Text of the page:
Search Images Maps Play YouTube News Gmail Drive More »
Sign in
Screen reader users: click this link for accessible mode. Accessible mode has the same essential features but works better with your reader.

Patents

  1. Advanced Patent Search
Publication numberUS4412383 A
Publication typeGrant
Application numberUS 06/292,723
Publication dateNov 1, 1983
Filing dateAug 13, 1981
Priority dateAug 13, 1981
Fee statusLapsed
Publication number06292723, 292723, US 4412383 A, US 4412383A, US-A-4412383, US4412383 A, US4412383A
InventorsBenzion Landa
Original AssigneeBenzion Landa
Export CitationBiBTeX, EndNote, RefMan
External Links: USPTO, USPTO Assignment, Espacenet
Cable driven plotter
US 4412383 A
Abstract
A cable driven plotter. One end of a first and a second cable is pivotally connected to a marking device. The cables extend over respective guide pulleys located at separated fixed points and are wound around respective motor driven take-up reels to which the respective other ends are fixed. One end of a third cable is connected to the marking device. The other end is wound around and fixed to a spring driven take-up reel secured to a carriage movable on a fixed horizontal track. The position of the marking device is changed in response to changes in the lengths of the first and second cables. The third cable serves to tension the first and second cables and support the marking device. Means are provided to limit the extent to which the respective lengths of said cables may be paid out or taken in.
Images(3)
Previous page
Next page
Claims(5)
Having thus described my invention, what I claim is:
1. A plotting device comprising a plotting surface, a pen adapted to move freely over the plotting surface, means for raising and lowering the pen into and out of contact with the plotting surface, a first and a second cable, means for connecting one end of each of the cables to the pen, means including a motor and cable supply means for varying the length of said first cable, means including a motor and cable supply means for varying the length of said second cable, a third cable connected at one end to said pen, a take-up reel to which the other end of said third cable is connected, resilient means for torquing the reel, a carriage mounted for movement along a boundary of the plotting surface, and means mounting the reel on the carriage.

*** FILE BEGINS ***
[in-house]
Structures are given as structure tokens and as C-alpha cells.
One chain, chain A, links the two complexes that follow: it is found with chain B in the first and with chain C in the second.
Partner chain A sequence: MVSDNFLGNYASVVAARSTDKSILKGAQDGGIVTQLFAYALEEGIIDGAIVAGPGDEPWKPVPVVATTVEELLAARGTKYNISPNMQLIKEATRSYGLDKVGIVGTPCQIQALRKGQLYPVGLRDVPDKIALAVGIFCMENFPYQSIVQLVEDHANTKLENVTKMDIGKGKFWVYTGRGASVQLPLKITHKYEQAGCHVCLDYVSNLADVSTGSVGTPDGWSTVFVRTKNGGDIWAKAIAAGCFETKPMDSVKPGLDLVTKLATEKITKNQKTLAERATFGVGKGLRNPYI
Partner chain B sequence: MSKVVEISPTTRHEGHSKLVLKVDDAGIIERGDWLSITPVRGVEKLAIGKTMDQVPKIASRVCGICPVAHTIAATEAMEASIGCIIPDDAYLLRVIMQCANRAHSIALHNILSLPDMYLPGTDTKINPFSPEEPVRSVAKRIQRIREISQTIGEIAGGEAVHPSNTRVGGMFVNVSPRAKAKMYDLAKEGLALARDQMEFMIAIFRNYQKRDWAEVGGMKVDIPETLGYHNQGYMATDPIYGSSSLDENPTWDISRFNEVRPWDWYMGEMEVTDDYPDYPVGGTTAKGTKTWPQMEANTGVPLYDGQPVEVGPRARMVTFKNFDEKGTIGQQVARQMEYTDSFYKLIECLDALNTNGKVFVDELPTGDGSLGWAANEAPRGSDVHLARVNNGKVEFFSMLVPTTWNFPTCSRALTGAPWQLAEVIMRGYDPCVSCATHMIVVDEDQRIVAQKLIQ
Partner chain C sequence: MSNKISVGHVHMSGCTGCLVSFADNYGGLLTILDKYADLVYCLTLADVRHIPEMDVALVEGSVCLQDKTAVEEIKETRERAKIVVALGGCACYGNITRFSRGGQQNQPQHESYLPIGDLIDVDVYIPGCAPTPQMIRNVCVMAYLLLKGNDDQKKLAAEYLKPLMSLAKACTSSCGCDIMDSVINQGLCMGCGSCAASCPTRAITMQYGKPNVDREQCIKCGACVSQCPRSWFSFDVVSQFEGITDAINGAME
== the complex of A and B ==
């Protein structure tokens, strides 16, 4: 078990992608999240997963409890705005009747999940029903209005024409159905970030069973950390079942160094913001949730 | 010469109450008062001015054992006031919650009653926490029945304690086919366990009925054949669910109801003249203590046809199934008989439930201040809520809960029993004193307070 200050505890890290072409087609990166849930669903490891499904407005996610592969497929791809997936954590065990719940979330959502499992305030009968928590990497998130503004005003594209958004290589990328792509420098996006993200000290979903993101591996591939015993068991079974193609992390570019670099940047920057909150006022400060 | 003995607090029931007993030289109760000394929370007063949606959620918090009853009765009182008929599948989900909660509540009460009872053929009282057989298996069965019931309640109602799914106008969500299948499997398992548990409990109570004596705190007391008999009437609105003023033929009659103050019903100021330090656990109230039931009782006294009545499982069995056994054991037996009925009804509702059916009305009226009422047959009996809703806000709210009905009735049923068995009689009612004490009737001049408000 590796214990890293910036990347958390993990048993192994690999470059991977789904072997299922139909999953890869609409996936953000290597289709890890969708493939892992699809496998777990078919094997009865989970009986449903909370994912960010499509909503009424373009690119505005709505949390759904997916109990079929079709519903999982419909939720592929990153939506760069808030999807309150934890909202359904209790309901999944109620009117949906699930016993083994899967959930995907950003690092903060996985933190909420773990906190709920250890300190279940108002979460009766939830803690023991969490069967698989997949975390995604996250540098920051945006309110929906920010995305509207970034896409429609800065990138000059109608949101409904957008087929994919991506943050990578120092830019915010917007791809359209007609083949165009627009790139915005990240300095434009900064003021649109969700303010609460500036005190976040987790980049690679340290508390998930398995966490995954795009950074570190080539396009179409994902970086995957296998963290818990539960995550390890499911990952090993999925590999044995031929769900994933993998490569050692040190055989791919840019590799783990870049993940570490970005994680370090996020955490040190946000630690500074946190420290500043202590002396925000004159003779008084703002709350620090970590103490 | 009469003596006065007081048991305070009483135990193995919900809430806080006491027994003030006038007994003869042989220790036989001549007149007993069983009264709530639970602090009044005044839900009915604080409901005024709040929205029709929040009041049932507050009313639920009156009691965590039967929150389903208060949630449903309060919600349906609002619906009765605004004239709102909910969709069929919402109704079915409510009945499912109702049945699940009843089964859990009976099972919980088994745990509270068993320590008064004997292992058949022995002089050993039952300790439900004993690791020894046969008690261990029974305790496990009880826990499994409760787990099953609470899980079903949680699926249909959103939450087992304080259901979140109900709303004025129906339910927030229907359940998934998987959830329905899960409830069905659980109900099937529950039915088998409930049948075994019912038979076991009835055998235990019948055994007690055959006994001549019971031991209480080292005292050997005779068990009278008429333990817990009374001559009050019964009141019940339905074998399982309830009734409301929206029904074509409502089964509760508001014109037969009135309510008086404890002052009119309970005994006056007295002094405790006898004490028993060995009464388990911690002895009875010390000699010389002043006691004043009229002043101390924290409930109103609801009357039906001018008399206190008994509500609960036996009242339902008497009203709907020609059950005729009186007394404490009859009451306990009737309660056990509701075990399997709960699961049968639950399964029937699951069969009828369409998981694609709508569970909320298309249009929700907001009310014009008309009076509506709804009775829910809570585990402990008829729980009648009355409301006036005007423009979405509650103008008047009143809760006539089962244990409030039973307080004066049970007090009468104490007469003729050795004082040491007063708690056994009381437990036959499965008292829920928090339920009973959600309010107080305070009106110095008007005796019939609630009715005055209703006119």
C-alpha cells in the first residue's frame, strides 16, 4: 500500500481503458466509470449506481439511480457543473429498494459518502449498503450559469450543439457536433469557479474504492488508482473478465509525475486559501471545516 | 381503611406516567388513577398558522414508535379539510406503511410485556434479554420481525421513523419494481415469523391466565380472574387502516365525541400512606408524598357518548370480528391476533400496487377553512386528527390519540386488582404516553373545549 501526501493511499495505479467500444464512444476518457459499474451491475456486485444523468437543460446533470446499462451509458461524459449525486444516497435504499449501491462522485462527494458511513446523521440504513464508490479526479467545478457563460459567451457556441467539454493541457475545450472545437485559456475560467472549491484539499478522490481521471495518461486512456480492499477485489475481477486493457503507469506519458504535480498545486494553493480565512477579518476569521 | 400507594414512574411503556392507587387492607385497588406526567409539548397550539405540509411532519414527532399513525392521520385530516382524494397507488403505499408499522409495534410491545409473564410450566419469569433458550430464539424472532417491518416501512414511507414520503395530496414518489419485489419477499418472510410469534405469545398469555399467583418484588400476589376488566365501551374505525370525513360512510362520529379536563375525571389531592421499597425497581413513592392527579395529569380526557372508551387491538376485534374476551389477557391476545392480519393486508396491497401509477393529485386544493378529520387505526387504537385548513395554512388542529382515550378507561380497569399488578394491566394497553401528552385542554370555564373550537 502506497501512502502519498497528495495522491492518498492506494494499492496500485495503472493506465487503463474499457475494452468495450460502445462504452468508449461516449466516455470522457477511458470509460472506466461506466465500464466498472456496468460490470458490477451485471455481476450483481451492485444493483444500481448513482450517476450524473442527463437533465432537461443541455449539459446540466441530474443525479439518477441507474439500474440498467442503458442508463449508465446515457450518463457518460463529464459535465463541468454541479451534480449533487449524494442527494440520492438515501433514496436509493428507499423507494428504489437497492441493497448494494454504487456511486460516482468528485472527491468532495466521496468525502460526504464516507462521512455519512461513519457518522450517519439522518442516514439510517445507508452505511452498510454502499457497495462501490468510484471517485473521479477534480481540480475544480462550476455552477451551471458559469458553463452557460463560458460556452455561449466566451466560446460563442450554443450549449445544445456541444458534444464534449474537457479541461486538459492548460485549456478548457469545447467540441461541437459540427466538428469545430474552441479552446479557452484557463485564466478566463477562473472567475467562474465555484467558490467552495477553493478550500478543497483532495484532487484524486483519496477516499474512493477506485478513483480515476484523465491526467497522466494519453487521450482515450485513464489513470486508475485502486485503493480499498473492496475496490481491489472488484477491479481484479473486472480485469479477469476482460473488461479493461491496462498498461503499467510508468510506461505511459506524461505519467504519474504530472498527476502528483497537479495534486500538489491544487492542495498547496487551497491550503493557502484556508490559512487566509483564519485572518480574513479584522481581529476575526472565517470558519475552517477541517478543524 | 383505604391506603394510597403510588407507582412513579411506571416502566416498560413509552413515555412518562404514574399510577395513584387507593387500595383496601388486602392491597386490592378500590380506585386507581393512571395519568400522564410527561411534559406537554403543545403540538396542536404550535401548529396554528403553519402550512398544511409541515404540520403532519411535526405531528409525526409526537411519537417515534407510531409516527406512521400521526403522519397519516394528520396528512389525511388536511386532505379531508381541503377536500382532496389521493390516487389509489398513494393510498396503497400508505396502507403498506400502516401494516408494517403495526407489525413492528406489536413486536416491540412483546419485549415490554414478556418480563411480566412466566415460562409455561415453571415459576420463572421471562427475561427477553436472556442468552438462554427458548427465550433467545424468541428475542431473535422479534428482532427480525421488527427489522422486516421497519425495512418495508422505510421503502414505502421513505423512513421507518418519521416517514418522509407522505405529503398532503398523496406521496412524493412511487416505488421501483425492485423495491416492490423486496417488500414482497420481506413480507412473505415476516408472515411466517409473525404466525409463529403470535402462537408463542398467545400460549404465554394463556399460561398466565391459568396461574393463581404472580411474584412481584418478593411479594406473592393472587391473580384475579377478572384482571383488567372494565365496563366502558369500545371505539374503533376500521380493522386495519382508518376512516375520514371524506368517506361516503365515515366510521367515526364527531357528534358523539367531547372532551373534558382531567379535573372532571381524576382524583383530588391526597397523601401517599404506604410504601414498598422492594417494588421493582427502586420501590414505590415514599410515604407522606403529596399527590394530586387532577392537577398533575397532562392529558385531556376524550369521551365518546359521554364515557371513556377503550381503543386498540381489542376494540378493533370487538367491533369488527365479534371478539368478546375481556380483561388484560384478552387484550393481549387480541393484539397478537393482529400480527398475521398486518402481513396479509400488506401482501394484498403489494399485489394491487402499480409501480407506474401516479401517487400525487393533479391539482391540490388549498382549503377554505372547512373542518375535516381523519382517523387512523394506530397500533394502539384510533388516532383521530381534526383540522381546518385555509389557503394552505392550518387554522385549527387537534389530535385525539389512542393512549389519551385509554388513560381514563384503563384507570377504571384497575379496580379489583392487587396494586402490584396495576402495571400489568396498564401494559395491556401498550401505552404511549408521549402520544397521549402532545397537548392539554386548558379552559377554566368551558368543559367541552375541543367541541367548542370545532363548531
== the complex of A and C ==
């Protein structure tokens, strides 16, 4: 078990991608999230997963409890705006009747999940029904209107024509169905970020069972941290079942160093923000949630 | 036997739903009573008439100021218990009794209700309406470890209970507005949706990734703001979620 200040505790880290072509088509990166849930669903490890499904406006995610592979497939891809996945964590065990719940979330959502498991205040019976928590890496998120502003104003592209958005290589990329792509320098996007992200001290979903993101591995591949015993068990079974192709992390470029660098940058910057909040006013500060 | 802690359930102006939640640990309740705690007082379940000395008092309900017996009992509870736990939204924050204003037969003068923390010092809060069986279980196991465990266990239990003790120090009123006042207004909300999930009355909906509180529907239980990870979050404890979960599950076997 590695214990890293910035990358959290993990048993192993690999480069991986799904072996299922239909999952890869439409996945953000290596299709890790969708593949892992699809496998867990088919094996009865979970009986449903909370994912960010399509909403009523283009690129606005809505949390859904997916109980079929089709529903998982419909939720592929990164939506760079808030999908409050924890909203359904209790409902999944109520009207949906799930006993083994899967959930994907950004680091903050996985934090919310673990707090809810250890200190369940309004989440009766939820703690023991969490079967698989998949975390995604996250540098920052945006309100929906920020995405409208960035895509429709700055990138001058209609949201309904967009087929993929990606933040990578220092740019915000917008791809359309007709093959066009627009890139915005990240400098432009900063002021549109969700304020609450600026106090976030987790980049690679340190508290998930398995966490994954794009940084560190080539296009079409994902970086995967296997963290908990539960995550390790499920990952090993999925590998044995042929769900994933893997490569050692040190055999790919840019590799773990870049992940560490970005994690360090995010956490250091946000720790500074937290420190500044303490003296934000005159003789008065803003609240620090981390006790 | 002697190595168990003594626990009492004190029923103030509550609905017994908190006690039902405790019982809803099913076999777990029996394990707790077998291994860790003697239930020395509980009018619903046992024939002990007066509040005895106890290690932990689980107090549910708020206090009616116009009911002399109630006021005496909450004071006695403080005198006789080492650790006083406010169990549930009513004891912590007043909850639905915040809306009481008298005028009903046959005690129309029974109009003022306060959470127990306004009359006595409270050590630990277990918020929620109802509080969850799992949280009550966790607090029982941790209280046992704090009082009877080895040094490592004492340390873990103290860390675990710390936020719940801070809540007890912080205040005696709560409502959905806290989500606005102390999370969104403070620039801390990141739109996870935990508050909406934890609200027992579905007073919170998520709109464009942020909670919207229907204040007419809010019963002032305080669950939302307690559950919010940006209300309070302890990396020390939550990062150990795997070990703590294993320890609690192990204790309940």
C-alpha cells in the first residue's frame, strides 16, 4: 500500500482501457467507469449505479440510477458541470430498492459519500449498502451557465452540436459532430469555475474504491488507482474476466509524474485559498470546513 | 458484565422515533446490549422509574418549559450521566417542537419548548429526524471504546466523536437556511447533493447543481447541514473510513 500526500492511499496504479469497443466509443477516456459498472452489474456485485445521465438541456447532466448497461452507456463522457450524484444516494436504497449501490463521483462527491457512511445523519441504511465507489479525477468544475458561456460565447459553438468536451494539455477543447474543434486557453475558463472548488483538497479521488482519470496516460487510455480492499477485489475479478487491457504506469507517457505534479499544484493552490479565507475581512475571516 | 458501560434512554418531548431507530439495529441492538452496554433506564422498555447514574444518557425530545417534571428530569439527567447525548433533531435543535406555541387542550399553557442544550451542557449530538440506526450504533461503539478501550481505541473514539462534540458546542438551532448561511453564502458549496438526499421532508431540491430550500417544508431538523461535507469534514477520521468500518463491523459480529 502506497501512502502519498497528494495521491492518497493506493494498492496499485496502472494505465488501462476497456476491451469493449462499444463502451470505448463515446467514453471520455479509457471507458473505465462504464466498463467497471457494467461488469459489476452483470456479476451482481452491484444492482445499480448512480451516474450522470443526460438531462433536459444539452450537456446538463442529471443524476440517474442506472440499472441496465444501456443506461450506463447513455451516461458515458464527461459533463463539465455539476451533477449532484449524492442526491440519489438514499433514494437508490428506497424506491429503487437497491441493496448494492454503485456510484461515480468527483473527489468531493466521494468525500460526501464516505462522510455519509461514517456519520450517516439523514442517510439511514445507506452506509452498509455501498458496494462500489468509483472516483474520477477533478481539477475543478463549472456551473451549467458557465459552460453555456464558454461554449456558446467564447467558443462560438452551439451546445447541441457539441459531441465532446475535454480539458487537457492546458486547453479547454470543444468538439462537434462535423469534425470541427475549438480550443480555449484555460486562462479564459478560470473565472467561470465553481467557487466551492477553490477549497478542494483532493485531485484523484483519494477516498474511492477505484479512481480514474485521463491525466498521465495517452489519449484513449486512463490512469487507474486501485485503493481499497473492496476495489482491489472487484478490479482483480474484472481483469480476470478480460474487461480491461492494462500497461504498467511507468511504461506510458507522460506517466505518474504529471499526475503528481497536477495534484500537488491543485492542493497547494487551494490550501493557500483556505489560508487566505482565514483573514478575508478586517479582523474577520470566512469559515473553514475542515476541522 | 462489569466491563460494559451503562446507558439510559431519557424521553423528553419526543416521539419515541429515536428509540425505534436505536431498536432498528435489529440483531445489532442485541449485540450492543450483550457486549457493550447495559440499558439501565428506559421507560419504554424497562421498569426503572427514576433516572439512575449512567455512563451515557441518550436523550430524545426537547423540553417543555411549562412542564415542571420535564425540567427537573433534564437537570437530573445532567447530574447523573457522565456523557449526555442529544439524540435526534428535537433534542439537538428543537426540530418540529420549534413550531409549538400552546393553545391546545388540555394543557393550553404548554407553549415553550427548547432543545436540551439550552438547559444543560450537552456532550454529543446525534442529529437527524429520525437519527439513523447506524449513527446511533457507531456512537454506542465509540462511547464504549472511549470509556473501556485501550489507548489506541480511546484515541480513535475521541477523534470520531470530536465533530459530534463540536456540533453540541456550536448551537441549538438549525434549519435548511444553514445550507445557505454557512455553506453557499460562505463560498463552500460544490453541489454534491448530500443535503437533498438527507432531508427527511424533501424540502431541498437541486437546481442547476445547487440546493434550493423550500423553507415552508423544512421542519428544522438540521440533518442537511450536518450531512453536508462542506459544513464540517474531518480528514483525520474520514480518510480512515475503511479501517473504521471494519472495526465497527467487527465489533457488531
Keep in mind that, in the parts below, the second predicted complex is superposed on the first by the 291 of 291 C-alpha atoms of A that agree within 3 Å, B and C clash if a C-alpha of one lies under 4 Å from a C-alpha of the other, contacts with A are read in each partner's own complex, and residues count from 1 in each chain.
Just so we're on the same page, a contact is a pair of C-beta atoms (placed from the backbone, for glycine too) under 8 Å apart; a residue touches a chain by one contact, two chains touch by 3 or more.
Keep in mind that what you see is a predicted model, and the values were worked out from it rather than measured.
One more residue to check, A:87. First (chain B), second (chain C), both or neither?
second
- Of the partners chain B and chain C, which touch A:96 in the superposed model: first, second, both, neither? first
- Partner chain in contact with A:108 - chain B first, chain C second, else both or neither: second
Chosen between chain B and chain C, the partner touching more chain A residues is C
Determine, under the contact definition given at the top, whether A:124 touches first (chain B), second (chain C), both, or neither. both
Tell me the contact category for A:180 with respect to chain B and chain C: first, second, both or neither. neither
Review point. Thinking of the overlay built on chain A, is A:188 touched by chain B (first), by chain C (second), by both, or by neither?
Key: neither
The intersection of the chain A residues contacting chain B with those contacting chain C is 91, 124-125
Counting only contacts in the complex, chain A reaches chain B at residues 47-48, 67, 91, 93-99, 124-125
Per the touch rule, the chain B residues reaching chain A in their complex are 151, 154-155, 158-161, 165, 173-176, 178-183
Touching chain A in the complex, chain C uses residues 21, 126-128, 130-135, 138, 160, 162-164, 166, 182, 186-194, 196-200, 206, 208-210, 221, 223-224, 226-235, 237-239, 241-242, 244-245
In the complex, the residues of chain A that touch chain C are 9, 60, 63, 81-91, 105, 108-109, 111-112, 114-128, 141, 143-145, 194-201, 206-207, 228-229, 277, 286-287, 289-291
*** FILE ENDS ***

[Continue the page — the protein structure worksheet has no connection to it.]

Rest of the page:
2. Apparatus as in claim 1 wherein a projection of the three cables intersects at a point on the vertical axis of the pen.
3. A plotting device comprising a plotting surface, marking means adapted to move freely over said plotting surface, first and second cable means connected at respective ends to said marking means, means including a motor and cable supply means for varying the length of said first cable means, means including a motor and cable supply means for varying the length of said second cable means, third cable means connected at one end to said marking means, and means for maintaining the third cable means in tension.
4. A plotting device comprising a plotting surface, marking means adapted to move freely over said plotting surface, first and second cable means connected at respective ends to said marking means, means including a motor and cable supply means for varying the length of said first cable means, means including a motor and cable supply means for varying the length of said second cable means, third cable means connected at one end to said marking means, means including third cable supply means for permitting variation in the length of the third cable means and for maintaining the third cable means in tension, and means mounting said third cable supply means for movement along a boundary of said plotting surface.
5. A plotting device comprising a plotting surface, marking means adapted to move freely over said plotting surface, first and second cable means connected at respective ends to said marking means, means including a motor and cable supply means for varying the length of said first cable means, means including a motor and cable supply means for varying the length of said second cable means, third cable means connected at one end thereof to said marking means, a take-up reel to which the other end of said third cable means is connected, means for torquing said reel, a carriage mounted for movement along a boundary of the plotting surface, and means mounting the reel on the carriage.
Description
FIELD OF THE INVENTION

My invention relates to plotting devices and more particularly to a cable driven plotting device which is adapted to operate on surfaces of varying areas.